The Alabama Senate has approved a bill to allow people to carry loaded handguns in their vehicles without getting a pistol permit. The bill by Republican Sen. Scott Beason of Gardendale cleared the Senate 20-7 last night and now goes to the House for consideration. Currently, people without a pistol permit can carry a handgun in their vehicles provided it is unloaded and out of reach. They need to buy a permit from a county sheriff to carry a loaded gun in their vehicles. Beason said citizens shouldn't have to buy a permit to protect themselves. The bill is opposed by the Alabama Sheriffs Association, which predicts it will lead to sheriffs selling fewer pistol permits. The revenue supports law enforcement and other functions of county government.
The Alabama Legislature is close to approving a marijuana oil bill sought by families who want the oil as a treatment for their children's seizure disorders. The bill would fund a $1 million University of Alabama at Birmingham study on the effectiveness of using cannabidiol to control seizures. The Alabama House of Representatives approved the legislation on a 97-0 vote early this morning. Republican Representative Mike Ball says it hasn't been easy overcoming the stigma associated with marijuana. The oil does not get users high and anecdotal evidence suggests it is an effective treatment for seizure disorders. However, its possession has been illegal.
The Internal Revenue Service says millions in refunds may be waiting for 15,700 Alabamians who did not file a tax return for 2010. The IRS estimates nearly $12.5 million in refunds may be available to Alabamians. To claim a refund, a person has one month left to file a return for 2010. The deadline is April 15th. The IRS says there is on penalty for filing a late return, but taxpayers seeking refunds may have their checks held if they have not filed returns for 2011 and 2012. The IRS says some people may not have filed because they made too little income to require filing a tax return, but they may qualify for a refund because taxes were withheld from their wages.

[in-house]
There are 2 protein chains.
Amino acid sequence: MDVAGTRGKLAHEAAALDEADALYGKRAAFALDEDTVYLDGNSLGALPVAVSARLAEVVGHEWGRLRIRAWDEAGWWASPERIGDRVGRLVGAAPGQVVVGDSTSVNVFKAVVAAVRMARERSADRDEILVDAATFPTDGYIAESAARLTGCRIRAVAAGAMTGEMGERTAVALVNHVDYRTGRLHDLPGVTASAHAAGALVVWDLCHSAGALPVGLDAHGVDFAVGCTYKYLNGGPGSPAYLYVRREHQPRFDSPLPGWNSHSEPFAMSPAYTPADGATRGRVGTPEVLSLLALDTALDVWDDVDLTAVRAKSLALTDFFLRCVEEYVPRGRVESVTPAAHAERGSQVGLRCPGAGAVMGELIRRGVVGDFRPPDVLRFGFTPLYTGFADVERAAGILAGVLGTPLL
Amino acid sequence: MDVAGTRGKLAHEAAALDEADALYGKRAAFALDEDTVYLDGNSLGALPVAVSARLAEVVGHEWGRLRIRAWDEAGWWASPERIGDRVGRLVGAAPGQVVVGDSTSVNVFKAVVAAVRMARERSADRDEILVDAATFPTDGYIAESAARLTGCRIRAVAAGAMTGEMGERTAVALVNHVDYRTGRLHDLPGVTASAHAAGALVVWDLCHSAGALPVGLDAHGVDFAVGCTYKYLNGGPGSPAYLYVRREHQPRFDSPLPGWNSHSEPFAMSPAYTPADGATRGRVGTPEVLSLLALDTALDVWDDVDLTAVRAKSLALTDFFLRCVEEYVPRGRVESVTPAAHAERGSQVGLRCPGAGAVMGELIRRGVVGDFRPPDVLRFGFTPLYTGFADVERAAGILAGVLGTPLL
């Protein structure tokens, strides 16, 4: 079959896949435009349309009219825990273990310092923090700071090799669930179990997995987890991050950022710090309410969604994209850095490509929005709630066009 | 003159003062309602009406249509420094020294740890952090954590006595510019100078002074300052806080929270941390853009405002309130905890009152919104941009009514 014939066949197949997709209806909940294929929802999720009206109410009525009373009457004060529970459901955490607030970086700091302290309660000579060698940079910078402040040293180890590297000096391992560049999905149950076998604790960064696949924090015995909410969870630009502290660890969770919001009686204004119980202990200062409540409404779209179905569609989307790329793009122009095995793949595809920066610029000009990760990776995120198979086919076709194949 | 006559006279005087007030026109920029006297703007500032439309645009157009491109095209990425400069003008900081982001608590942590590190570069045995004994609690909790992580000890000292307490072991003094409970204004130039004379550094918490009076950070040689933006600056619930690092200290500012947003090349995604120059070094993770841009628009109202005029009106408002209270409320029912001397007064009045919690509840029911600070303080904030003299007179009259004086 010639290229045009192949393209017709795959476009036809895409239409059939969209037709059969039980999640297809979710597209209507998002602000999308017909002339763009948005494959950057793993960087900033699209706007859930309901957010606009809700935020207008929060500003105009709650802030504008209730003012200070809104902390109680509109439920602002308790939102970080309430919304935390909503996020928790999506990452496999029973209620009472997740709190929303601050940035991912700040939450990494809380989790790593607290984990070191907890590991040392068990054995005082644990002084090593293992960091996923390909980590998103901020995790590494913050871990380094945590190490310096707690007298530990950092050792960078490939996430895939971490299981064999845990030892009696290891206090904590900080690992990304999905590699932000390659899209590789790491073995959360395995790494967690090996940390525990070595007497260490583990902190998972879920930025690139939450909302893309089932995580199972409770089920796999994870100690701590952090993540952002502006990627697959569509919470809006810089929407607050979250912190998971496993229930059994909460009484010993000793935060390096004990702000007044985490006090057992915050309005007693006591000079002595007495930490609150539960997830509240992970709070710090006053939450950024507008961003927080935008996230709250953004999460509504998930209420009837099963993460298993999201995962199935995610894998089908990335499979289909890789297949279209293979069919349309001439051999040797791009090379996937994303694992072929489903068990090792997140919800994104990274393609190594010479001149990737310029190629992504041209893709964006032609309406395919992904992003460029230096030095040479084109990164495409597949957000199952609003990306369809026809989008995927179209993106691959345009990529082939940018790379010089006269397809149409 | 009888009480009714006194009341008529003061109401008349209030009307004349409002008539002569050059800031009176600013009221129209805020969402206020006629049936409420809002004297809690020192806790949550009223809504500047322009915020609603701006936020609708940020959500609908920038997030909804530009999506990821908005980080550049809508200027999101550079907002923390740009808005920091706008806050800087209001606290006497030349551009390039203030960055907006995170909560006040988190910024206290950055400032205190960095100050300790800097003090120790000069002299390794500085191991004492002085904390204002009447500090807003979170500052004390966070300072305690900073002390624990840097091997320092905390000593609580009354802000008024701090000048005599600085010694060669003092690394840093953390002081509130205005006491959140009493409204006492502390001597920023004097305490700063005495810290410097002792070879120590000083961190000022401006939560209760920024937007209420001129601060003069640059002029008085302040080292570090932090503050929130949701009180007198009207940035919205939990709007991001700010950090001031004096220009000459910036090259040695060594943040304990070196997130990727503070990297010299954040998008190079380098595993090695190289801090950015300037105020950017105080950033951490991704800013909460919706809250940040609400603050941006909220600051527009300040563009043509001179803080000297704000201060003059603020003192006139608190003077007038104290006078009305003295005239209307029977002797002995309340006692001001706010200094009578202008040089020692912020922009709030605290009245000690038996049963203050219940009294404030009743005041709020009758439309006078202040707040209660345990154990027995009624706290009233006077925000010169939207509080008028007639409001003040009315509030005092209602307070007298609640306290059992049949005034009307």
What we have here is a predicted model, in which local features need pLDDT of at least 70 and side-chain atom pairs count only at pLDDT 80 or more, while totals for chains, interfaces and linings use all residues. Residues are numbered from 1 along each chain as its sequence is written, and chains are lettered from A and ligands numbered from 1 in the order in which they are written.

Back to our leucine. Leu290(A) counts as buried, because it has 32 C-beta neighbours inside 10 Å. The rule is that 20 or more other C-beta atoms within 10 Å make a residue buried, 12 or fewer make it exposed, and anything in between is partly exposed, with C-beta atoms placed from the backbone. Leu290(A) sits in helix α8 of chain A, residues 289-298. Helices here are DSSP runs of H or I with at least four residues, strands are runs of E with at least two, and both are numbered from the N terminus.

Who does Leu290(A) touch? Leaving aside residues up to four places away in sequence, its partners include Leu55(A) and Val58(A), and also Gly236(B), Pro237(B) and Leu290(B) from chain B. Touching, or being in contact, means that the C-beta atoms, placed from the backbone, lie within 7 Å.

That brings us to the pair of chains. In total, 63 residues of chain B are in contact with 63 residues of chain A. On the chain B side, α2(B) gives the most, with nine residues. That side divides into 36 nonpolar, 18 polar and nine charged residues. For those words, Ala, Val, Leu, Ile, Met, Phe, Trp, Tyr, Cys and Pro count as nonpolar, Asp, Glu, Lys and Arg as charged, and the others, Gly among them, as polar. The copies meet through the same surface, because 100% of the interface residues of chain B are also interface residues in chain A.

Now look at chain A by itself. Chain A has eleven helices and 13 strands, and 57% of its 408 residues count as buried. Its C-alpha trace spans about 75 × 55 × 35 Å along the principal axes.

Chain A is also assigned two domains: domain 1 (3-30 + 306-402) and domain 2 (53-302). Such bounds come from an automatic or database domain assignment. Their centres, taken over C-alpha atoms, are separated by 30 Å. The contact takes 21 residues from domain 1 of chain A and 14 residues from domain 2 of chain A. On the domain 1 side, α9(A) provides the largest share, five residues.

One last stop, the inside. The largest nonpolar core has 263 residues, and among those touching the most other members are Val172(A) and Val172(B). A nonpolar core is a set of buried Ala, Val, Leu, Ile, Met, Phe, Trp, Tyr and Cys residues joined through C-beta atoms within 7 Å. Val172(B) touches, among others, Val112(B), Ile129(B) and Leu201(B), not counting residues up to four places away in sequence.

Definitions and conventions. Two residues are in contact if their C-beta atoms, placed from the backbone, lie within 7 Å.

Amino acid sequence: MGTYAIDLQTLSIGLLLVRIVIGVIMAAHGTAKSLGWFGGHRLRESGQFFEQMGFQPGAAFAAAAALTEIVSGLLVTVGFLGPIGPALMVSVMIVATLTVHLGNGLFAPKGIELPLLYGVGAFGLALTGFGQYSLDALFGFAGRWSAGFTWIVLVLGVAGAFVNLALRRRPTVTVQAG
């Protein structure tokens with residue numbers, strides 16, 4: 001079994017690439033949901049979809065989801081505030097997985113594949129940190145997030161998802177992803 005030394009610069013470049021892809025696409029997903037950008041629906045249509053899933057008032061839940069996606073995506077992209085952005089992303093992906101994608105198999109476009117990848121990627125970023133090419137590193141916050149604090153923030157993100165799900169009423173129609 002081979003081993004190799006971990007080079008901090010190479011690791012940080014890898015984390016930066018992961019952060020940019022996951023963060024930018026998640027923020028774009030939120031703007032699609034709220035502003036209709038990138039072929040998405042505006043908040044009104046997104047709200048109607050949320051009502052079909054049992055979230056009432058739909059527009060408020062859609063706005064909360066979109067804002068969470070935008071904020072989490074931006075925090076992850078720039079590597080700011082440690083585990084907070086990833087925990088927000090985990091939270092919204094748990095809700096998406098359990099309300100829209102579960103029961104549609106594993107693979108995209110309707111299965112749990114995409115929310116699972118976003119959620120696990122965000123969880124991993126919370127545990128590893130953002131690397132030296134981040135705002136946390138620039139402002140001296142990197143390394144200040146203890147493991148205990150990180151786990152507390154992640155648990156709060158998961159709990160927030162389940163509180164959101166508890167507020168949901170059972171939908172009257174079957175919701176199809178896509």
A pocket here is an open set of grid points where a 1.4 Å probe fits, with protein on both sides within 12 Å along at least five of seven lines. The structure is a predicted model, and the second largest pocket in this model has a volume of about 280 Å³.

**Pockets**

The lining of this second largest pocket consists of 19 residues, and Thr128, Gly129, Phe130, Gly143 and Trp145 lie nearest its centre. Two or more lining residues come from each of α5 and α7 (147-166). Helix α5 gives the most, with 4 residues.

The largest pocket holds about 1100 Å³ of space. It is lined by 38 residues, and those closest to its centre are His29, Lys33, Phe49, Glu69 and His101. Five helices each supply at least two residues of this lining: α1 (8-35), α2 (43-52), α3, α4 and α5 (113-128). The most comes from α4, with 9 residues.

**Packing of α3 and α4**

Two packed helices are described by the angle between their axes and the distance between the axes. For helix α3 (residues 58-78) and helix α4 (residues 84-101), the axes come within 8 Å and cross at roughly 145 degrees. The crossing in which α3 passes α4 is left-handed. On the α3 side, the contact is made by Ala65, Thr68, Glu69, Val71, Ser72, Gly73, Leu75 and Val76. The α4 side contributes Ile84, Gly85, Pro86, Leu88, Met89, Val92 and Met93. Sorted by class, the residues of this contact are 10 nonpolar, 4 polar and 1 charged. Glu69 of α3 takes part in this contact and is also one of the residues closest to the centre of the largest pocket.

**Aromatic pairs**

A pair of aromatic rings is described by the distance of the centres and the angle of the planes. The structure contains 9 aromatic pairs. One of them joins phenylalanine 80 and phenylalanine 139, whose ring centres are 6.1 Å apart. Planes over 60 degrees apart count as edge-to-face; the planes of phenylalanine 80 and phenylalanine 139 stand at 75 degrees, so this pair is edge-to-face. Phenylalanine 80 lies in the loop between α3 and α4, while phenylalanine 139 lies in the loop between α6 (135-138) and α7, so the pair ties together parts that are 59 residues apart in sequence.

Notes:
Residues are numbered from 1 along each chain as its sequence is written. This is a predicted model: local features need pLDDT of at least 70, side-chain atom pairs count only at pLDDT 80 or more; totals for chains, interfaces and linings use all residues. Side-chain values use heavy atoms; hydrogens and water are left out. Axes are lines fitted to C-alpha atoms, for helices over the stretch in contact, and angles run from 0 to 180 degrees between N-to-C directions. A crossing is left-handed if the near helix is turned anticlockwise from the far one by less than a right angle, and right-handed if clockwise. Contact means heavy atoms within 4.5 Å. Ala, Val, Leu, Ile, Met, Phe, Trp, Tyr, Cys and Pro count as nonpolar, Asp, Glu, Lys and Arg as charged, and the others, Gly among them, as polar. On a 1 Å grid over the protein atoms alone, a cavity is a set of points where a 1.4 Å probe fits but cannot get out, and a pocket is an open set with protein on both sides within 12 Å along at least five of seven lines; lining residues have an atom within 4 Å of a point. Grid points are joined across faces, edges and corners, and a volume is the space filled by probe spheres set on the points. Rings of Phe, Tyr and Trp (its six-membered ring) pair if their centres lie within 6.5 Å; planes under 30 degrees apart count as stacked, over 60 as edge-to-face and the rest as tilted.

Gov. Robert Bentley has visited the state Senate to urge approval of the four people he's nominated for trustees of Alabama State University. Bentley's appointments of Montgomery attorney Robert Gilpin, Birmingham businessman Larry Thornton, Tuscaloosa businessman Fitzgerald Washington and Macon County school Superintendent Jacqueline Brooks are pending in the Senate Confirmations Committee. Bentley made a rare visit to the Senate chamber on Wednesday to ask senators for their votes. He said he has support of about 90 percent of the committee. All four are currently serving and can remain unless rejected by the Senate.